February 19, 2014

AP Goes to the Weather Again to Explain Away Weak Homebuilding Data

The January 2014 New Residential Construction report released by the Census Bureau this morning was very weak. Building permits fell from December by a seasonally adjusted 5.4% (-1.3% for single-family homes). Housing starts fell by 16.0% (-15.9% single-family. The annualized single-family starts figure of 573,000 was the lowest in 17 months.

Naturally, Martin Crutsinger at the Associated Press, aka the Administration’s Press, blamed it on the weather, and promised that prosperity is coming soon in his very first paragraph. Too bad some of the data he cited clearly refutes the “blame the weather” meme. Almost miraculously, his story’s headline is clean (bolds are mine):


U.S. home construction fell in January for a second month but the weakness in both months reflected severe winter weather in many parts of the country. The expectation is that housing will deliver another year of solid gains, helped by an improving economy.

Builders started work at a seasonally adjusted annual rate of 880,000, down 16 percent from December, the Commerce Department reported Wednesday. In December, construction had fallen 4.8 percent. The declines in both months were blamed largely on the weather.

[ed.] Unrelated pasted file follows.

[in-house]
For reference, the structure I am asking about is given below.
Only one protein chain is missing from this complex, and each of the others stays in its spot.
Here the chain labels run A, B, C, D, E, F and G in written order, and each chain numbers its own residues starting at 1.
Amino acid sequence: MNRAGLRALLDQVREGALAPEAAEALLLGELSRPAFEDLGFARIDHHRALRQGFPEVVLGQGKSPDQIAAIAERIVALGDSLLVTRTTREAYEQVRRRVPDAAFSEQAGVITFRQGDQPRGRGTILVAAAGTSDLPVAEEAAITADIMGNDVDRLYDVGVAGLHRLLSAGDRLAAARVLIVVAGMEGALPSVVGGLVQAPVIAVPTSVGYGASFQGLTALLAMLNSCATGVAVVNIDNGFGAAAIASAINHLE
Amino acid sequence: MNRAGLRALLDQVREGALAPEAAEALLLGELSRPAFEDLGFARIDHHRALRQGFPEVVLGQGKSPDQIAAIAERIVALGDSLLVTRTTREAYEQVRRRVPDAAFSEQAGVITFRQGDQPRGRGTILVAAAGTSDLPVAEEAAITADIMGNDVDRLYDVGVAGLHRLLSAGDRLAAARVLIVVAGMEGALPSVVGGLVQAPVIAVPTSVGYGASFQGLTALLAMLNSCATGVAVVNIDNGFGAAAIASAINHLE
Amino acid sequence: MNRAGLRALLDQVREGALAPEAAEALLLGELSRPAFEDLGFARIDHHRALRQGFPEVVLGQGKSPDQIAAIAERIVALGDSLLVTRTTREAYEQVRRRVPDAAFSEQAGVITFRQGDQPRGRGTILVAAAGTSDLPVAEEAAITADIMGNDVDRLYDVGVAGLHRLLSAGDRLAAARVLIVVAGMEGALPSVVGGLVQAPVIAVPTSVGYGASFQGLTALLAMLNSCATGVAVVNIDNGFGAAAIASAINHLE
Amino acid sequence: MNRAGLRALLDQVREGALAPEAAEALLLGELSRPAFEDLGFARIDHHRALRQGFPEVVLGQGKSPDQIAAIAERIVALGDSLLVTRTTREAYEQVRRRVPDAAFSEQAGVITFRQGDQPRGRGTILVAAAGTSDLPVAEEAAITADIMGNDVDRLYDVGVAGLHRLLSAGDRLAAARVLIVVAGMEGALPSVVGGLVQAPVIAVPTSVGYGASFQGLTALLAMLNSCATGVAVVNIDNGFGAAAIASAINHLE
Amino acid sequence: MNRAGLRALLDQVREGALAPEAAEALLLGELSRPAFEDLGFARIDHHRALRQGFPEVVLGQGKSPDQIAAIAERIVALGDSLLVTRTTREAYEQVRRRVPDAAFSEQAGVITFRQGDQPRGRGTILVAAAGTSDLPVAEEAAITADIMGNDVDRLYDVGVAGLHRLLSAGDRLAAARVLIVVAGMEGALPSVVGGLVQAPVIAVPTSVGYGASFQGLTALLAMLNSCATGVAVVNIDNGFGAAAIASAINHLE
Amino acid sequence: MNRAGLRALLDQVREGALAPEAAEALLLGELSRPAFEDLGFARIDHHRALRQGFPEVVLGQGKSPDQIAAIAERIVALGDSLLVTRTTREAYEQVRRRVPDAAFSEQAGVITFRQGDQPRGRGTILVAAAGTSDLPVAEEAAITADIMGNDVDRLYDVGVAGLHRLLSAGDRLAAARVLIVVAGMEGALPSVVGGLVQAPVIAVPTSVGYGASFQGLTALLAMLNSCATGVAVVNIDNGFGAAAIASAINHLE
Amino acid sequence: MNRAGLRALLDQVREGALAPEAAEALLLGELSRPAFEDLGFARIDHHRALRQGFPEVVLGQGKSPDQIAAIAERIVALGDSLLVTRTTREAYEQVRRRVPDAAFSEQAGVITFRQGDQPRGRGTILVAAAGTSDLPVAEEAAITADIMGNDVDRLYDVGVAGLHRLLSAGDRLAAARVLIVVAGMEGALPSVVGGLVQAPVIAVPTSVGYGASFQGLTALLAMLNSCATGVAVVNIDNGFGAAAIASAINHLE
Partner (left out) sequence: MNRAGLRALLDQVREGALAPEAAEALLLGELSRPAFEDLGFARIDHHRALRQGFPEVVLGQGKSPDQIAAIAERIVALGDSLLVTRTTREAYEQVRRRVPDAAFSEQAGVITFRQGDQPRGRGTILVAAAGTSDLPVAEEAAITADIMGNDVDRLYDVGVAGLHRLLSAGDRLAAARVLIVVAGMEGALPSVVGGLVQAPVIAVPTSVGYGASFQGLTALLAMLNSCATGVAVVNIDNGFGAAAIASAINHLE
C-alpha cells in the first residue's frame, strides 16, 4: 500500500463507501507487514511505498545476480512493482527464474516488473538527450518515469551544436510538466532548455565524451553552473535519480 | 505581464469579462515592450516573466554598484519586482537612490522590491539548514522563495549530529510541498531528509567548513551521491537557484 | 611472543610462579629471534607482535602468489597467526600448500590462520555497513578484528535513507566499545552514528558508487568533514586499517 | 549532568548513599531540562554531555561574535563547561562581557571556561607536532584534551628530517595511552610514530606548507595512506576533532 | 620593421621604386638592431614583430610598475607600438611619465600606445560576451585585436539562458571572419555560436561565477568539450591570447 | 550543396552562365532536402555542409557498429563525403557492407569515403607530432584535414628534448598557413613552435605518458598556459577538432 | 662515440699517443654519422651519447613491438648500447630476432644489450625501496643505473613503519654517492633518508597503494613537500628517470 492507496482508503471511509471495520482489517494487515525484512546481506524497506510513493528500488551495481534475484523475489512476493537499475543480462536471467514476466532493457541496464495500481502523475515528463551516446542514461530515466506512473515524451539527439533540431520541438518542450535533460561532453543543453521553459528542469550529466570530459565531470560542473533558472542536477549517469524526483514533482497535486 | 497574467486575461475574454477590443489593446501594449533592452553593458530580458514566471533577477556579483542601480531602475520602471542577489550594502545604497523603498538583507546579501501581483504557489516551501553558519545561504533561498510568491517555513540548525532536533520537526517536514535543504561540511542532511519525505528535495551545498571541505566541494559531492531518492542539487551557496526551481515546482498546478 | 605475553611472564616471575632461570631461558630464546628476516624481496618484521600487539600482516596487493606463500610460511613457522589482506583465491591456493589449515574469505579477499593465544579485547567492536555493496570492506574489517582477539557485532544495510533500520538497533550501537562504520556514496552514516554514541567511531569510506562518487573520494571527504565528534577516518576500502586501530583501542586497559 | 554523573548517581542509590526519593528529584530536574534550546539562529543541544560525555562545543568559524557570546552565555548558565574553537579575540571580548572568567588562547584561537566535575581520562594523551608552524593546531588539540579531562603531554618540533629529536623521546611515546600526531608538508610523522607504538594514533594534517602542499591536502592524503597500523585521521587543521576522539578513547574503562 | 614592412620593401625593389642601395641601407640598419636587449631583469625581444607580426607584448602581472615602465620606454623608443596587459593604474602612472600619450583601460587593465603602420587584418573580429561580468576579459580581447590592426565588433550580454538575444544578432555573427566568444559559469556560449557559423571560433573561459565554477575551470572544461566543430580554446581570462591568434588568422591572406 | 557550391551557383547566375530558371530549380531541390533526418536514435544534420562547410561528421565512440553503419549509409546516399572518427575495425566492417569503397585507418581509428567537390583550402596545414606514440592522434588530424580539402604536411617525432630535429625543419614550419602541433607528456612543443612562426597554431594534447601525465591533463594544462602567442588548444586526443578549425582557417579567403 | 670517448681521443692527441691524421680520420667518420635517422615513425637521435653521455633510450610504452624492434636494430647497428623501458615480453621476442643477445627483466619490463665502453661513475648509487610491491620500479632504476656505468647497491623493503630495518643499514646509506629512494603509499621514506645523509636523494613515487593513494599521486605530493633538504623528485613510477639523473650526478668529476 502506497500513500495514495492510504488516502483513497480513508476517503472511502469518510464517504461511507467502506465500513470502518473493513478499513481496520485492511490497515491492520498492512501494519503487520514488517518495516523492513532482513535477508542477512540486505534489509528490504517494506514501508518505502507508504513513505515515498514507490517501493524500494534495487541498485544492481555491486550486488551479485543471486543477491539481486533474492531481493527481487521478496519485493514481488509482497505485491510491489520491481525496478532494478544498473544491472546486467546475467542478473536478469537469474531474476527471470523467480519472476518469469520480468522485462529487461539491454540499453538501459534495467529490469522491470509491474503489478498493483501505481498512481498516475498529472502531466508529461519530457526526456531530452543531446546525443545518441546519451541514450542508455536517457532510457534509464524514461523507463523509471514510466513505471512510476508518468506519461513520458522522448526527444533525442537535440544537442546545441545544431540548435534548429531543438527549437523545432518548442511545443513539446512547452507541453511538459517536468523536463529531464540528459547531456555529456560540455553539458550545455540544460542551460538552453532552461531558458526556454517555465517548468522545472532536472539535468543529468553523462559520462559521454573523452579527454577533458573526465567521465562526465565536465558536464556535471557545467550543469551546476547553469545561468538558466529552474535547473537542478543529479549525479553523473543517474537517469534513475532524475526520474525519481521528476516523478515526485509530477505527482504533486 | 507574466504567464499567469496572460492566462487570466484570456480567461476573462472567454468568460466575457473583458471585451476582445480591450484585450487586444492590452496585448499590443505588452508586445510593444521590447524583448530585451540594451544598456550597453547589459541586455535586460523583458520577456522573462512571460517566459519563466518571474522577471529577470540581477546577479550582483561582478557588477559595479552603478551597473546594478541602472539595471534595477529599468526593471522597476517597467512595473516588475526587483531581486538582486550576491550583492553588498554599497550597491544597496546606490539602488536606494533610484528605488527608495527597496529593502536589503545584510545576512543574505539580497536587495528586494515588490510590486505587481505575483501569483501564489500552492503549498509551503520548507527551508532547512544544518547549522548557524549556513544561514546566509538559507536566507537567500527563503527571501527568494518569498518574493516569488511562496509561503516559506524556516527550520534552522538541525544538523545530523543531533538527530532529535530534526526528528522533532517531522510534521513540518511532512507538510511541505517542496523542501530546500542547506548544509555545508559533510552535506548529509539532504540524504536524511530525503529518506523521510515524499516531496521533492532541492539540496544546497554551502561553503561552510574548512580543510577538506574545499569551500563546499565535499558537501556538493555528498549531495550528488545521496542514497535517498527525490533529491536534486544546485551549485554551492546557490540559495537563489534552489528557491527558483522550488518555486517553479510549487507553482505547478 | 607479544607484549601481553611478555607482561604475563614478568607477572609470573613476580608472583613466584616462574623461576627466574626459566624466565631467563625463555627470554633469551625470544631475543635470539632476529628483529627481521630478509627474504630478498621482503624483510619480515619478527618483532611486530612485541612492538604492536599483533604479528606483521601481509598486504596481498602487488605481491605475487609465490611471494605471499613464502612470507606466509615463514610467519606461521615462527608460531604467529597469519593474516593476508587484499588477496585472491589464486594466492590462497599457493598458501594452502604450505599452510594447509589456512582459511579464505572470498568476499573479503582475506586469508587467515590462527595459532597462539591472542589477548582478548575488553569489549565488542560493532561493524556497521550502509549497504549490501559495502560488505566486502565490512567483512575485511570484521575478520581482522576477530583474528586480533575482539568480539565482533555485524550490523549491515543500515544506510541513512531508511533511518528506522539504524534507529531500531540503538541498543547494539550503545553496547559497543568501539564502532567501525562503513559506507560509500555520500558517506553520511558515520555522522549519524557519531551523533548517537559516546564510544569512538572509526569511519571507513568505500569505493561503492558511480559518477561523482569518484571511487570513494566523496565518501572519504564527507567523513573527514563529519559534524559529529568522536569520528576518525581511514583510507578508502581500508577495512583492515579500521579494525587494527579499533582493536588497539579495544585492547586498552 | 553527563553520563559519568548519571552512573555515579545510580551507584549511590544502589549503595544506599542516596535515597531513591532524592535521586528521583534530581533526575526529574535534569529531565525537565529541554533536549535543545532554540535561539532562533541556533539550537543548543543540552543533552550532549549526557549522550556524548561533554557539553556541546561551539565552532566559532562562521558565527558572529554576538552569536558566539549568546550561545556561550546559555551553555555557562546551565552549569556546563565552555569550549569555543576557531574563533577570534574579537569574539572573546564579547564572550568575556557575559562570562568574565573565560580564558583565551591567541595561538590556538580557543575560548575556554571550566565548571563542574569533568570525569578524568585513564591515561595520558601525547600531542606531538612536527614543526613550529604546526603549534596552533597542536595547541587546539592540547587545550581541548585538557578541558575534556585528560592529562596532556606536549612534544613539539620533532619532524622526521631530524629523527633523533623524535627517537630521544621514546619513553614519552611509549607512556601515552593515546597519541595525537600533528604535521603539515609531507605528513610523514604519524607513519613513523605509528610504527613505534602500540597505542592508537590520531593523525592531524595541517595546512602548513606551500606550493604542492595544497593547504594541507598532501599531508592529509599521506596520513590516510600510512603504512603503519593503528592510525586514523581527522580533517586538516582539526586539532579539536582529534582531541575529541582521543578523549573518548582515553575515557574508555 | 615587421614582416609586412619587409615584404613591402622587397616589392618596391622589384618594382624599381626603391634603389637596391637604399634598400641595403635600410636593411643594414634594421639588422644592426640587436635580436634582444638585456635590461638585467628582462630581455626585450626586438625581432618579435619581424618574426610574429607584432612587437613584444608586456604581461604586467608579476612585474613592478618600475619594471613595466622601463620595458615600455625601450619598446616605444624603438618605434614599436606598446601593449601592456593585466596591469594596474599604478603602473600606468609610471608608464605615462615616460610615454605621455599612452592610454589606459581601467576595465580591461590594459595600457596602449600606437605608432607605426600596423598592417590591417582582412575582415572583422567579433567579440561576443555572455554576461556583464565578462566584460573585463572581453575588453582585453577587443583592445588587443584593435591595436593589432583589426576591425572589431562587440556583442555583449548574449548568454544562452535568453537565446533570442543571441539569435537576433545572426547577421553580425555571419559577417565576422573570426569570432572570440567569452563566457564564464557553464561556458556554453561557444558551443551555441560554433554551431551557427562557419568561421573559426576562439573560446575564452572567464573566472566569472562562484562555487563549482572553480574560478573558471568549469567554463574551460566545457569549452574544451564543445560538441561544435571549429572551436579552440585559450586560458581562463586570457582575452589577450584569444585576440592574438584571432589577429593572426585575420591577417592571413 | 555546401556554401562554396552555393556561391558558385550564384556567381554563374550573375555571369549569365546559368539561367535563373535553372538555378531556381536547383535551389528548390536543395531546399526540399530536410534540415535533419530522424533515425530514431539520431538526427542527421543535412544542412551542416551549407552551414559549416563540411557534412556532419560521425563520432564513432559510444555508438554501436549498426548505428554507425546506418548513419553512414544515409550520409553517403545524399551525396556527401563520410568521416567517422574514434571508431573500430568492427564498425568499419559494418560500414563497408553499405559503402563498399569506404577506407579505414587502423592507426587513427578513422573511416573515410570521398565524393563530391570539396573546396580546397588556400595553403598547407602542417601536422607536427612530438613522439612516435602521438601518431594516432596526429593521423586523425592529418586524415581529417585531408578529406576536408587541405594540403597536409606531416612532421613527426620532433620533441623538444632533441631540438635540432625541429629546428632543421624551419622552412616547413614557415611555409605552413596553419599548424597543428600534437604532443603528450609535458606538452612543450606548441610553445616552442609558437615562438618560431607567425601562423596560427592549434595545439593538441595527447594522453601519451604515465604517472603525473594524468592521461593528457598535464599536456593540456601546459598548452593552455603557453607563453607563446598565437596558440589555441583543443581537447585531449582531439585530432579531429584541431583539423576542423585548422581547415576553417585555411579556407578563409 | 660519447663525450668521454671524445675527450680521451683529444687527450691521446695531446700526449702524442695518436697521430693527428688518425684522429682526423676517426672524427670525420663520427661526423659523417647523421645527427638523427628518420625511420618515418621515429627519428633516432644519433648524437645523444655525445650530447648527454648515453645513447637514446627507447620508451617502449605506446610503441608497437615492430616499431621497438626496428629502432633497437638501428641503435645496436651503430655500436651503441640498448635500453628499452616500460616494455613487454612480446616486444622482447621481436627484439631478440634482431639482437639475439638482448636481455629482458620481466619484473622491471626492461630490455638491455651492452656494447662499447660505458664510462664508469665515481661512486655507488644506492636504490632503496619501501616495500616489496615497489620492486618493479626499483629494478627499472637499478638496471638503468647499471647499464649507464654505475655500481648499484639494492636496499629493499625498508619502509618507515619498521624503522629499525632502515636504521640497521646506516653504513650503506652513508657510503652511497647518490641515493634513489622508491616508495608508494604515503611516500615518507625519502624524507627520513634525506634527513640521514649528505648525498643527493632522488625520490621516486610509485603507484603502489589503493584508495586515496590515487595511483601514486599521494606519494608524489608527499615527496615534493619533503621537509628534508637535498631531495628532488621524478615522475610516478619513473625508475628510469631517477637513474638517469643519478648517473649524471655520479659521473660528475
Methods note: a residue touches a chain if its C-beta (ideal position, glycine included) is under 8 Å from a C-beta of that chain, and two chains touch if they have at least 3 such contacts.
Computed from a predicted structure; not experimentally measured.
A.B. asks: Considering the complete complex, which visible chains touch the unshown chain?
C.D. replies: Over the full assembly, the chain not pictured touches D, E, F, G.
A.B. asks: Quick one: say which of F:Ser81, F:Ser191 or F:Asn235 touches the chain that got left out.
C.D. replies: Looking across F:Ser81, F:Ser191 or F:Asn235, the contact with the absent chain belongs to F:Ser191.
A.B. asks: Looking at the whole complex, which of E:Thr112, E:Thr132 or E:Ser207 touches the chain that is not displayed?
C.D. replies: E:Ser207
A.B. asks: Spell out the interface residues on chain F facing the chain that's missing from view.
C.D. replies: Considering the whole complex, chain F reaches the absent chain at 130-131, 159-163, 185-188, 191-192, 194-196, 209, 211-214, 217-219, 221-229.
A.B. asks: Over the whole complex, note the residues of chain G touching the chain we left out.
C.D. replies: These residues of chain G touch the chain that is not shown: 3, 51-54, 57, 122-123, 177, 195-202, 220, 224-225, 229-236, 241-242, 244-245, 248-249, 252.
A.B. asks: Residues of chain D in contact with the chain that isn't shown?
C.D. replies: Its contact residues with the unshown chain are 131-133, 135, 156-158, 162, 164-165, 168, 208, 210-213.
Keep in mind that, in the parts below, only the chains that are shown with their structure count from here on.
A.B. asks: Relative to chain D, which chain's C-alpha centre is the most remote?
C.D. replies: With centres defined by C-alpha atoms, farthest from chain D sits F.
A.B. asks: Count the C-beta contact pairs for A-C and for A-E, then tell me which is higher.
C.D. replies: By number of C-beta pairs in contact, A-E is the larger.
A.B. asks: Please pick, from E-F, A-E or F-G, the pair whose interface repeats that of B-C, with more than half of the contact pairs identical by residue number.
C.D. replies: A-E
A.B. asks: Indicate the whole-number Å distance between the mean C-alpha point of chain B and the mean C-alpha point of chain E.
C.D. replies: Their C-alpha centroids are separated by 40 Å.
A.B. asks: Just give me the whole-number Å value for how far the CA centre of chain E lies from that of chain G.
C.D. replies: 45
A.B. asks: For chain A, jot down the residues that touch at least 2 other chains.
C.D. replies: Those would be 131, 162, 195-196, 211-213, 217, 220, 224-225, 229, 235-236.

Applications for building permits fell in January for a third month, dropping 5.4 percent to a rate of 937,000.

… By region of the country, construction shot up 61.9 percent in the Northeast after two months of declines but was down in every other region of the country. Construction fell 67.7 percent in the Midwest to a record low of 50,000 units at an annual rate. The records go back to 1960. That big decline likely reflected the impact of severe weather in the Midwest in January. Construction was down 12.5 percent in the South and 17.4 percent in the West.

The massive improvement in the Northeast came in spite of awful January weather. Weather was so bad roughly two weeks before the February 2 Super Bowl in New Jersey that there were open worries about it continuing and wreaking havoc.

Meanwhile, weather in the West wasn’t extraordinarily bad, yet it showed a double-digit decline in starts.

As has been the case for years with AP, the story’s headline and Crutsinger’s content assumed that “housing starts” equals “housing construction.” Of course, it doesn’t, but the wire service remains incorrigible. In this case, its erroneous use of the term “construction” as a synonym for “starts” arguably makes things look worse than they really are, as underlying real construction activity may not have fallen so steeply.

A look at not seasonally adjusted single-family starts data shows that starts during the past couple of months have been running at about half the level seen in the late-1990s before the industry began overheating:


The AP will never tell readers that the industry is still several years of “solid gains” away from even resembling what it used to be.

Cross-posted at NewsBusters.org.


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